1. Influence of long-term social interaction on chirping behavior, steroid levels and neurogenesis in weakly electric fish

    PubMed Central

    Dunlap, Kent D.; Chung, Michael; Castellano, James F.

    2013-01-01

    Summary Social interactions dramatically affect the brain and behavior of animals. Studies in birds and mammals indicate that socially induced changes in adult neurogenesis participate in the regulation of social behavior, but little is known about this relationship in fish. Here, we review studies in electric fish (Apteronotus leptorhychus) that link social stimulation, changes in electrocommunication behavior and adult neurogenesis in brain regions associated with electrocommunication. Compared with isolated fish, fish living in pairs have greater production of chirps, an electrocommunication signal, during dyadic interactions and in response to standardized artificial social stimuli. Social interaction also promotes neurogenesis in the periventricular zone, which contributes born cells to the prepacemaker nucleus, the brain region that regulates chirping. Both long-term chirp rate and periventricular cell addition depend on the signal dynamics (amplitude and waveform variation), modulations (chirps) and novelty of the stimuli from the partner fish. Socially elevated cortisol levels and cortisol binding to glucocorticoid receptors mediate, at least in part, the effect of social interaction on chirping behavior and brain cell addition. In a closely related electric fish (Brachyhypopomus gauderio), social interaction enhances cell proliferation specifically in brain regions for electrocommunication and only during the breeding season, when social signaling is most elaborate. Together, these studies demonstrate a consistent correlation between brain cell addition and environmentally regulated chirping behavior across many social and steroidal treatments and suggest a causal relationship. PMID:23761468

  2. Influence of long-term social interaction on chirping behavior, steroid levels and neurogenesis in weakly electric fish.

    PubMed

    Dunlap, Kent D; Chung, Michael; Castellano, James F

    2013-07-01

    Social interactions dramatically affect the brain and behavior of animals. Studies in birds and mammals indicate that socially induced changes in adult neurogenesis participate in the regulation of social behavior, but little is known about this relationship in fish. Here, we review studies in electric fish (Apteronotus leptorhychus) that link social stimulation, changes in electrocommunication behavior and adult neurogenesis in brain regions associated with electrocommunication. Compared with isolated fish, fish living in pairs have greater production of chirps, an electrocommunication signal, during dyadic interactions and in response to standardized artificial social stimuli. Social interaction also promotes neurogenesis in the periventricular zone, which contributes born cells to the prepacemaker nucleus, the brain region that regulates chirping. Both long-term chirp rate and periventricular cell addition depend on the signal dynamics (amplitude and waveform variation), modulations (chirps) and novelty of the stimuli from the partner fish. Socially elevated cortisol levels and cortisol binding to glucocorticoid receptors mediate, at least in part, the effect of social interaction on chirping behavior and brain cell addition. In a closely related electric fish (Brachyhypopomus gauderio), social interaction enhances cell proliferation specifically in brain regions for electrocommunication and only during the breeding season, when social signaling is most elaborate. Together, these studies demonstrate a consistent correlation between brain cell addition and environmentally regulated chirping behavior across many social and steroidal treatments and suggest a causal relationship.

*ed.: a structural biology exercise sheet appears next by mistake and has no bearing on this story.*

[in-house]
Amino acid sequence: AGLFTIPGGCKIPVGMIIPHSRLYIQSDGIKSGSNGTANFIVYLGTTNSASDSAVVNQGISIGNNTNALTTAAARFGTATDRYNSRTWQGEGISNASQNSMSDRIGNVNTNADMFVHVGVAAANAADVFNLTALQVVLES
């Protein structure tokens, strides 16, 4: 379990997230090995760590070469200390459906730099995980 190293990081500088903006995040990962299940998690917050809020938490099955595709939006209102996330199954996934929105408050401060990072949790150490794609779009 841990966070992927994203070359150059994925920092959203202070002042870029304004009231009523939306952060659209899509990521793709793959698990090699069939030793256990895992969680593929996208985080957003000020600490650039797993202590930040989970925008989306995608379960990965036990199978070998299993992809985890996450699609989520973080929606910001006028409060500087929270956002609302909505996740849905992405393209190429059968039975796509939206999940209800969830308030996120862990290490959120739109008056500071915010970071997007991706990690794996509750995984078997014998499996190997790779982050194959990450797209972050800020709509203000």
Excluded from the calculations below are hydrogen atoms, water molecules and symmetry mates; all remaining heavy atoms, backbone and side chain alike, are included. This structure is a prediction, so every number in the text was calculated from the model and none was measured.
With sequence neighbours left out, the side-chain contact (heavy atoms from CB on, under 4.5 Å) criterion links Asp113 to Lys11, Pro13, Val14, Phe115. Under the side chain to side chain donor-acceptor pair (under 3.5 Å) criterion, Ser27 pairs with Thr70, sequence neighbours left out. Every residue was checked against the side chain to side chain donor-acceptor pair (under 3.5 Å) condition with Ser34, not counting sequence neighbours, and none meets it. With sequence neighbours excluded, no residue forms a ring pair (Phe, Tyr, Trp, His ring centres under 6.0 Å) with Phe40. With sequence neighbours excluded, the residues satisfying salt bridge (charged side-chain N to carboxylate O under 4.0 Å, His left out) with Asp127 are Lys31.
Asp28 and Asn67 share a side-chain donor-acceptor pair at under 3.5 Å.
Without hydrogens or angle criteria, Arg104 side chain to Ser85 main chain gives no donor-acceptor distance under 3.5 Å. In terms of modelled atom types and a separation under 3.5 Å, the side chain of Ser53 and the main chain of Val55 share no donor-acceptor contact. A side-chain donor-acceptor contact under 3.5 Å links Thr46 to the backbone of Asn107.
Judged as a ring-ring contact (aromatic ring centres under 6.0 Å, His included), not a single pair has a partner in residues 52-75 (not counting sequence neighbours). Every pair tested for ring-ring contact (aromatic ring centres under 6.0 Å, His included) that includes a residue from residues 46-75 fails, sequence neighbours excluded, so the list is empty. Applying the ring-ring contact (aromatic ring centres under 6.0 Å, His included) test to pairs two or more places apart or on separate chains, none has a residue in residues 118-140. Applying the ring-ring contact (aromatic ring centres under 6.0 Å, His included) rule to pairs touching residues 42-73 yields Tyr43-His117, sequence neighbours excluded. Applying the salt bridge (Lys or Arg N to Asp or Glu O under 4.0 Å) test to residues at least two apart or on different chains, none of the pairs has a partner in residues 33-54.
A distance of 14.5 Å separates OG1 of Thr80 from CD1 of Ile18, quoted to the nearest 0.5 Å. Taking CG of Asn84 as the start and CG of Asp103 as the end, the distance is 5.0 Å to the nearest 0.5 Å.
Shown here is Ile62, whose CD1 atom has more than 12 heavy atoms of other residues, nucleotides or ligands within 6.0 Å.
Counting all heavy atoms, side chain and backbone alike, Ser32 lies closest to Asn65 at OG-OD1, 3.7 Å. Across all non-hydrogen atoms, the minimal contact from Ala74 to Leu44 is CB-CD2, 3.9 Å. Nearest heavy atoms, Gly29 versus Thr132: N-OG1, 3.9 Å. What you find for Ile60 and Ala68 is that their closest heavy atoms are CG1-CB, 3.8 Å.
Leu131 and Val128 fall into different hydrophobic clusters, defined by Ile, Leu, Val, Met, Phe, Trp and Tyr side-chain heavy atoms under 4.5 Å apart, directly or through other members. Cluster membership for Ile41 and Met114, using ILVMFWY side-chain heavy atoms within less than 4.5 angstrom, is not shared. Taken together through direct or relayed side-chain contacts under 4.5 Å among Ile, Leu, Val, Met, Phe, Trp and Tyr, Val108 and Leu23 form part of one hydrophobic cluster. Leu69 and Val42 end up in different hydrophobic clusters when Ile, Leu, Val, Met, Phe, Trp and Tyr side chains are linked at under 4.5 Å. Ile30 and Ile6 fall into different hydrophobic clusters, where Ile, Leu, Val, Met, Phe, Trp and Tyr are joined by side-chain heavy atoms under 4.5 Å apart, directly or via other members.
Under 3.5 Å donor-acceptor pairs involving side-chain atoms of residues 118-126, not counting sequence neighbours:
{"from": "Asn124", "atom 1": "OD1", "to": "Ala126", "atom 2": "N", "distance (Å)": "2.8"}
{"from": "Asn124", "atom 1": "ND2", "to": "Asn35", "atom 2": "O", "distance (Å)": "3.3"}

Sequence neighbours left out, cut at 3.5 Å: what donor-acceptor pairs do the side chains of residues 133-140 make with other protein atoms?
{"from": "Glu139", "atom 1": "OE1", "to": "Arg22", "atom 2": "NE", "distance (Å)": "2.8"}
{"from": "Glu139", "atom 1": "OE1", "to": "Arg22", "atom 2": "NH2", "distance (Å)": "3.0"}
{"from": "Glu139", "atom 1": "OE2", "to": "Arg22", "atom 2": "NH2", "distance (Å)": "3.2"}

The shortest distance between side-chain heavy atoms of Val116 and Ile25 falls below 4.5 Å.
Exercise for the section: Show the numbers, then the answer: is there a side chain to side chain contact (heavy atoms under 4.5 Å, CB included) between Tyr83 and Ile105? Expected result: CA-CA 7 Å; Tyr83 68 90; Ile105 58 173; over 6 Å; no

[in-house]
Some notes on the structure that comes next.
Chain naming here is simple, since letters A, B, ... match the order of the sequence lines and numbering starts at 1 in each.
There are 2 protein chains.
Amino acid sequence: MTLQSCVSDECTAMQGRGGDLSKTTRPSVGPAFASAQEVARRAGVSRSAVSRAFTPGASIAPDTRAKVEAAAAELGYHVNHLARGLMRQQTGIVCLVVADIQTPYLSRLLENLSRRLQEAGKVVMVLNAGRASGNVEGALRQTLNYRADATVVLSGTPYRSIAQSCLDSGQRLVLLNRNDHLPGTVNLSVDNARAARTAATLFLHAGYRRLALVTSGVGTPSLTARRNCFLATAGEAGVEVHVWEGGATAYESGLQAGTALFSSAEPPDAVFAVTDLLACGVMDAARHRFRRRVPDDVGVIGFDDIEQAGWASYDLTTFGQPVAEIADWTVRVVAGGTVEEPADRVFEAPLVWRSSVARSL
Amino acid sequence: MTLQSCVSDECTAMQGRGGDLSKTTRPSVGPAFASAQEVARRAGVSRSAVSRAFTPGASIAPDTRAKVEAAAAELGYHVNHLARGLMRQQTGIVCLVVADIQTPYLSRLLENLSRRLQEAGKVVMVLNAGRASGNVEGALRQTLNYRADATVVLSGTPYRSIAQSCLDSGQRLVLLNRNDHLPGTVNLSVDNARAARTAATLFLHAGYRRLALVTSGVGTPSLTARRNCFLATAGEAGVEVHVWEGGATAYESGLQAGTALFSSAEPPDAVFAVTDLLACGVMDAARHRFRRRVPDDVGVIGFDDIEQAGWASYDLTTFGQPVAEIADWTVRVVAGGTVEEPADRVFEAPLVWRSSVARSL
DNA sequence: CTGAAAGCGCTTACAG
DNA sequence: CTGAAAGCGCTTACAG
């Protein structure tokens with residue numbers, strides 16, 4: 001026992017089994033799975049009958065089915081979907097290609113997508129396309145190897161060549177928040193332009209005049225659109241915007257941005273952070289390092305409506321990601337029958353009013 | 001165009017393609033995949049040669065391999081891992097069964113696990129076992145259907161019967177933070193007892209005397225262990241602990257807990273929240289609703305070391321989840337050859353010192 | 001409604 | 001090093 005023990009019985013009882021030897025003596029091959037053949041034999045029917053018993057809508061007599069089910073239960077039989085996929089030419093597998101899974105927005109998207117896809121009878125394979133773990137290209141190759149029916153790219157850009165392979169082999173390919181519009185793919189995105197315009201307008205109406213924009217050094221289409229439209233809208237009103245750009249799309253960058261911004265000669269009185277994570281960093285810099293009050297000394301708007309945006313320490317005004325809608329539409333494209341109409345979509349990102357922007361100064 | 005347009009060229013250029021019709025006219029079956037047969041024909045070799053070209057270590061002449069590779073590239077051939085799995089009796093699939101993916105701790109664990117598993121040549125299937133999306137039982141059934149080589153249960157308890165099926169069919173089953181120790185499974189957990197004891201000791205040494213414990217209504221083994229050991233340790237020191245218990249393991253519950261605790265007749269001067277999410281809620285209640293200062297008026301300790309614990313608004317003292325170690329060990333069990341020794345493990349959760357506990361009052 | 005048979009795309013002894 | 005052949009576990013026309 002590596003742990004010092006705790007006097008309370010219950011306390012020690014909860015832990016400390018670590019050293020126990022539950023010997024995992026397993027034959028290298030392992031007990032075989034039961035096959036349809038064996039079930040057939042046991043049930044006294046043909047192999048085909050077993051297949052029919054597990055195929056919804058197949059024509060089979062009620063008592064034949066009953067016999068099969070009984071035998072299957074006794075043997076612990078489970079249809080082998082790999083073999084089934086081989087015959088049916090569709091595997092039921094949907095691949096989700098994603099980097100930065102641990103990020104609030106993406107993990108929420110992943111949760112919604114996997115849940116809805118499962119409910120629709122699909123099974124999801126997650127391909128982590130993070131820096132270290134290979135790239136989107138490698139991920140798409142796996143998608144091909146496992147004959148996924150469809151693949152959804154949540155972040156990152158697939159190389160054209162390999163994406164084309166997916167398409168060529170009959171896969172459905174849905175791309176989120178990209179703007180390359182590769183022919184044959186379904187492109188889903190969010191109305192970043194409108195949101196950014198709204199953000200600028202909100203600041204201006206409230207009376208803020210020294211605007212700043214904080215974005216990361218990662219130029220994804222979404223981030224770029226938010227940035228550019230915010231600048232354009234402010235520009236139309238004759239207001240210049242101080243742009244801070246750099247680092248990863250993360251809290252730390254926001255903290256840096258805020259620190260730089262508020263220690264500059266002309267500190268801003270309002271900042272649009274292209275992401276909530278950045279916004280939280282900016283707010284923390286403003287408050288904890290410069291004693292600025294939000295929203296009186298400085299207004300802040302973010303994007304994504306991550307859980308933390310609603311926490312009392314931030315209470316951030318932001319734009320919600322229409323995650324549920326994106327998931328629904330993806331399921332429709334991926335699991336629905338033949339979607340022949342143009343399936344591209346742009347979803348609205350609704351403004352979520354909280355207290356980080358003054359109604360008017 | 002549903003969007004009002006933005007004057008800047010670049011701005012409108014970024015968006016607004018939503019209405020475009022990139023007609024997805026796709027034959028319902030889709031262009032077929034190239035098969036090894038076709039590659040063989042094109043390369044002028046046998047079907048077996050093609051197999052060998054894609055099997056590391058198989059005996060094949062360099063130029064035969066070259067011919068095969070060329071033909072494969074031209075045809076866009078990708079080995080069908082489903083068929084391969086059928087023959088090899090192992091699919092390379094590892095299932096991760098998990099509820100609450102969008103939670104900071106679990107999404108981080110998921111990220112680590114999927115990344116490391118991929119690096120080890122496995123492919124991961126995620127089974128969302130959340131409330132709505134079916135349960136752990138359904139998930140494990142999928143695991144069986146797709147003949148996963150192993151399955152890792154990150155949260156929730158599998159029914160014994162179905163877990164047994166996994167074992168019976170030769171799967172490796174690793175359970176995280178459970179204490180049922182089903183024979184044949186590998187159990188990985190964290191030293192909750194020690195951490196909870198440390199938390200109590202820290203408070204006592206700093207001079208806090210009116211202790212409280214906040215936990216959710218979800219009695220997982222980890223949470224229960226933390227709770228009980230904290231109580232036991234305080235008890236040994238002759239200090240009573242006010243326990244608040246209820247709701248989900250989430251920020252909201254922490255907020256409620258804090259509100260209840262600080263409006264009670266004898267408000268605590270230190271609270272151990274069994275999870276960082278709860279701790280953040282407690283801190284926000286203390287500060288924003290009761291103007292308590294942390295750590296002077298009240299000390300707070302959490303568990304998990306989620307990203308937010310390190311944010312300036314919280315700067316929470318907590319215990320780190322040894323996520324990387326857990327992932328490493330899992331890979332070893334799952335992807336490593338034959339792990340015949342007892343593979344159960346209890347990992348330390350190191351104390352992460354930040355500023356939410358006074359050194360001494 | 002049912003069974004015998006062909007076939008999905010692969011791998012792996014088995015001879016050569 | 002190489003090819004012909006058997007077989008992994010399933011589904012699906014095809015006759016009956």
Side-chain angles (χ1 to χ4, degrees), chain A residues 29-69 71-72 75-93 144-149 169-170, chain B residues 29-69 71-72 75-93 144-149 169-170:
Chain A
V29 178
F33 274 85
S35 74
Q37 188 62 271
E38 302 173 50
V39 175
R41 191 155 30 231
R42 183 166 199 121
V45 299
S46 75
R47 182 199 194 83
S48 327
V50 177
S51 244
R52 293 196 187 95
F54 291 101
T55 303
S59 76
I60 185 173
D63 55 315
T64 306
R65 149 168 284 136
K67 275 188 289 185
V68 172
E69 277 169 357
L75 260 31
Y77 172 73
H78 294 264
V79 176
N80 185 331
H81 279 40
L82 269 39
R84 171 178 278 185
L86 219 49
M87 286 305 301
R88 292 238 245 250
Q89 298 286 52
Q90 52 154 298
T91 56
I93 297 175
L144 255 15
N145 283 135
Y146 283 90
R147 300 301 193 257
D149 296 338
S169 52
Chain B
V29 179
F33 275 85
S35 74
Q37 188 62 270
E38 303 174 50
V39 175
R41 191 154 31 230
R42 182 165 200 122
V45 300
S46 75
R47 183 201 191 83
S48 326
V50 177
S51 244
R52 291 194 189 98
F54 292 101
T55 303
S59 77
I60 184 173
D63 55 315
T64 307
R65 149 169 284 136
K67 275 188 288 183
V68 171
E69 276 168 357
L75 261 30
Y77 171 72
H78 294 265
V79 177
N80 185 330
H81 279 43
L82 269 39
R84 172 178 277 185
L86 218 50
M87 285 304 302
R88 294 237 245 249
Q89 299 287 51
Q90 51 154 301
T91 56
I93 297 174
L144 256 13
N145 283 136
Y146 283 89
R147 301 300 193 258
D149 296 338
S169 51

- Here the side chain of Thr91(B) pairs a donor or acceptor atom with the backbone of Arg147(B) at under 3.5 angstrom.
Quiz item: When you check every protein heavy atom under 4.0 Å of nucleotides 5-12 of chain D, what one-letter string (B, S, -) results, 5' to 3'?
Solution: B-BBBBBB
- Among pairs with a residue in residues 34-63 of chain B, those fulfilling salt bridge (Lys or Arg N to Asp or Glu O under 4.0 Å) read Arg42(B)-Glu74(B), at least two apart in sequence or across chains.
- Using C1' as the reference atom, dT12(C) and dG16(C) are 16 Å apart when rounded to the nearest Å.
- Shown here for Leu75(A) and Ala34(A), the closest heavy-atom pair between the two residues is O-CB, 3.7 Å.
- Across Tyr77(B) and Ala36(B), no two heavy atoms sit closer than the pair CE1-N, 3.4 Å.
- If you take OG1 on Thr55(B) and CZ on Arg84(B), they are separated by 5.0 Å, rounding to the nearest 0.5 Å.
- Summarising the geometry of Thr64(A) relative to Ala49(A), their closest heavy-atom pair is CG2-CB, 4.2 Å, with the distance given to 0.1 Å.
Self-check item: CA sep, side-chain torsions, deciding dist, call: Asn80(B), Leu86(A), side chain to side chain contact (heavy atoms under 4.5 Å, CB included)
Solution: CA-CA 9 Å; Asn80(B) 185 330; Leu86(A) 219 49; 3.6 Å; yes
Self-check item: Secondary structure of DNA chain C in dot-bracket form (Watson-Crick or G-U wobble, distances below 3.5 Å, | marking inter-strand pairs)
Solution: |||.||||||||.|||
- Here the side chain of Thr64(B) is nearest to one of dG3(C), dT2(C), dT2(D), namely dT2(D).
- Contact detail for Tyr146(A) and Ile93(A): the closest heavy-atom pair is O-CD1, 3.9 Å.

3. Evaluation of the Performance of the Distributed Phased-MIMO Sonar.

    PubMed

    Pan, Xiang; Jiang, Jingning; Wang, Nan

    2017-01-11

    A broadband signal model is proposed for a distributed multiple-input multiple-output (MIMO) sonar system consisting of two transmitters and a receiving linear array. Transmitters are widely separated to illuminate the different aspects of an extended target of interest. The beamforming technique is utilized at the reception ends for enhancement of weak target echoes. A MIMO detector is designed with the estimated target position parameters within the general likelihood rate test (GLRT) framework. For the high signal-to-noise ratio case, the detection performance of the MIMO system is better than that of the phased-array system in the numerical simulations and the tank experiments. The robustness of the distributed phased-MIMO sonar system is further demonstrated in localization of a target in at-lake experiments.

  4. Evaluation of the Performance of the Distributed Phased-MIMO Sonar

    PubMed Central